Doctor Who, series 7.11: “Journey to the Centre of the TARDIS” by Steve Thompson

Doctor-Who-Journey-to-the-Centre-of-the-Tardis poster

Spoilers Ahead

“Journey to the Centre of the TARDIS” highlights another aspect of Doctor Who that the Moffat era has delighted us with exploring: the nature of the TARDIS, the most constant of the Doctor’s companions.

Clara is lost in the depths of the Doctor’s TARDIS which is damaged and captured by intergalactic salvage crew Van Baalen Bros., who want to sell it for scrap. However, the Doctor threatens to destroy the TARDIS by putting it in lockdown and activating the self-destruct if the salvage crew doesn’t help him find Clara. [Via TARDIS wiki]

Whenever the Doctor brings anyone new into the TARIS, immediate sense of wonder upon seeing the interior, and everyone points out the obvious: it’s bigger on the inside. There are quirks about the ship, as well as hints that it’s got a personality, but for the bulk of the classic series, and even for the better part of the the relaunch, there’s little more than just the eccentricities of a man in love with his ship–the innocuous personifications by a captain who refers to his vessel as “she.”

It all changed with Rose taking in the heart of the TARDIS in “The Parting of the Ways,” as it showed almost a personal omnipotence, and most significantly with the brilliant series 6 episode: “The Doctor’s Wife” by Neil Gaiman. We have a face to go with the TARDIS, as well as a more distinct personality. Finally, in the past few episodes, Clara has had a hard time of it trying to get along with the TARDIS. We’re not sure why that is–is it jealousy? The TARDIS hasn’t acted this way with other companions, which makes me wonder: is there something else wrong with Clara, something that makes the TARDIS deeply uncomfortable?

In the past few episodes, we’ve been treated to references to the previous incarnations of the Doctors (and this one more than most). We have significant references to Tom Baker‘s Doctor. For the past year, after just a bit of dabbling here and there with some of the essential Who story arcs (“Genesis of the Daleks,” “Dalek Invasion of the Earth,” and others), I decided to just go whole hog into the bowels of the nearly 30-year original run of Doctor Who. I recently watched a fantastic arc in which the TARDIS’ interior received a decent amount of attention: “The Invasion of Time” in which the Doctor and Leela are pursued by  Sontarans through the labyrinthine TARDIS interior.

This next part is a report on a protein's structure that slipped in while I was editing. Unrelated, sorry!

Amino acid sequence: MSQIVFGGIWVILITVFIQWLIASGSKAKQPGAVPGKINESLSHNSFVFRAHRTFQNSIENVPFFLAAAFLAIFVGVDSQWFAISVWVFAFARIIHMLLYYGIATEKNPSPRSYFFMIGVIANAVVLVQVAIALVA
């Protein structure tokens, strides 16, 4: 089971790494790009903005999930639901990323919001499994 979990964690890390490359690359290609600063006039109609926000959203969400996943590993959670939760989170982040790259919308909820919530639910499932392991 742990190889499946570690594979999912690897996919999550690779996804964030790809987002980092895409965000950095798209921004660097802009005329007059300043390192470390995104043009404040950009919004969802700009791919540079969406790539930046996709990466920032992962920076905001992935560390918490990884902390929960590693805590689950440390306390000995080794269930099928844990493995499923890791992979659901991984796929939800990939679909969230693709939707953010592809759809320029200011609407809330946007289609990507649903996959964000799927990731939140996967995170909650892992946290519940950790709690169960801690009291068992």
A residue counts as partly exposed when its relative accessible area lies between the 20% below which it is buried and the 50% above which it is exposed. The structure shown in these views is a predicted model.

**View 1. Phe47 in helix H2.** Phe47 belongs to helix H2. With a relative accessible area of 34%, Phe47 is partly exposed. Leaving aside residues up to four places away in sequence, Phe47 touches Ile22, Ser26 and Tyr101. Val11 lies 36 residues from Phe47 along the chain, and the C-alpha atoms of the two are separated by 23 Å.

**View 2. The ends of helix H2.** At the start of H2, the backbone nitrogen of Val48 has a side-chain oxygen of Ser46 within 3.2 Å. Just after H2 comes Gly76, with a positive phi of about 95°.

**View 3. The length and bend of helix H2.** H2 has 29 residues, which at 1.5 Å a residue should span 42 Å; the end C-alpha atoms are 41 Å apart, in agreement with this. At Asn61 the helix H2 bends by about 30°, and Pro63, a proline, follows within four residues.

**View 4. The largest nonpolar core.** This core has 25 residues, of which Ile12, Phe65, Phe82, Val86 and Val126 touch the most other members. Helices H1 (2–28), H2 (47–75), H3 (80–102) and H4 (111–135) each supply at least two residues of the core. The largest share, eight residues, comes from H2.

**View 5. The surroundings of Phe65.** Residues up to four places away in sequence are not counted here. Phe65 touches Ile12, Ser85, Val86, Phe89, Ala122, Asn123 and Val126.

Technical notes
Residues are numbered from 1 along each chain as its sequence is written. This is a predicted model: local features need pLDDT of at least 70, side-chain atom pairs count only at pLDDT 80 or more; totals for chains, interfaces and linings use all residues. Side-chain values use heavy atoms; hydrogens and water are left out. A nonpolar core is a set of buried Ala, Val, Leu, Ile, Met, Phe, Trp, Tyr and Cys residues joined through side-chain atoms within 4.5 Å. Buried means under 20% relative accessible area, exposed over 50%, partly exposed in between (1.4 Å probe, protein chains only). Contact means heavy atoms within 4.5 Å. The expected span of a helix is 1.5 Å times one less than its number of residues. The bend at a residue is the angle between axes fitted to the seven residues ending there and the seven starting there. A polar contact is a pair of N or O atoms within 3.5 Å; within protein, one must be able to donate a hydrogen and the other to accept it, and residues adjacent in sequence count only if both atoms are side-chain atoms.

“Journey” recalls that romp through the corridors of the TARDIS and adds to it, taking us through the TARDIS at breakneck speed, giving us glimpses of things we’ve seen or referenced (including the observatory from “Tooth and Claw“), the swimming pool, and the library. It’s a delightful episode that threatens Clara and the Doctor just as they get closer to one another and closer to answers about Clara’s problem with the recurring death. There are poignant moments between the two of them, as well as between the Doctor and his dying friend as he struggles to save both Clara and the TARDIS. I have to say that Matt Smith has completely come into his own in this series. He plays jolly, romping explorer one minute and then deep, aged Time Lord with secrets the next–and at no point does it feel forced or contradictory. He’s doing a fantastic job.

Once again (this might be a mantra…), the side plot does nothing for the episode. There are two brothers and an android who hope to plunder the TARDIS for salvage–but wait! The android isn’t an android! He’s actually the third brother with bionic eyes and arms–it was just an elaborate prank. I don’t buy it, and it was an unnecessary distraction from an absolutely delightful episode. I’m so invested in the Doctor and Clara that I absolutely don’t need to see other things that don’t build them up at all–the only thing they were good for was being the catalyst that got the TARDIS to go all labyrinthine  This episode could have been about the damaged TARDIS with the two of them exploring it as it was about to self-destruct–or myriad other plots, but the brothers were the weakest point in an otherwise stellar episode.

Next week returns us to the setting of this year’s Christmas special–and I suspect maybe the return of The Great Intelligence.


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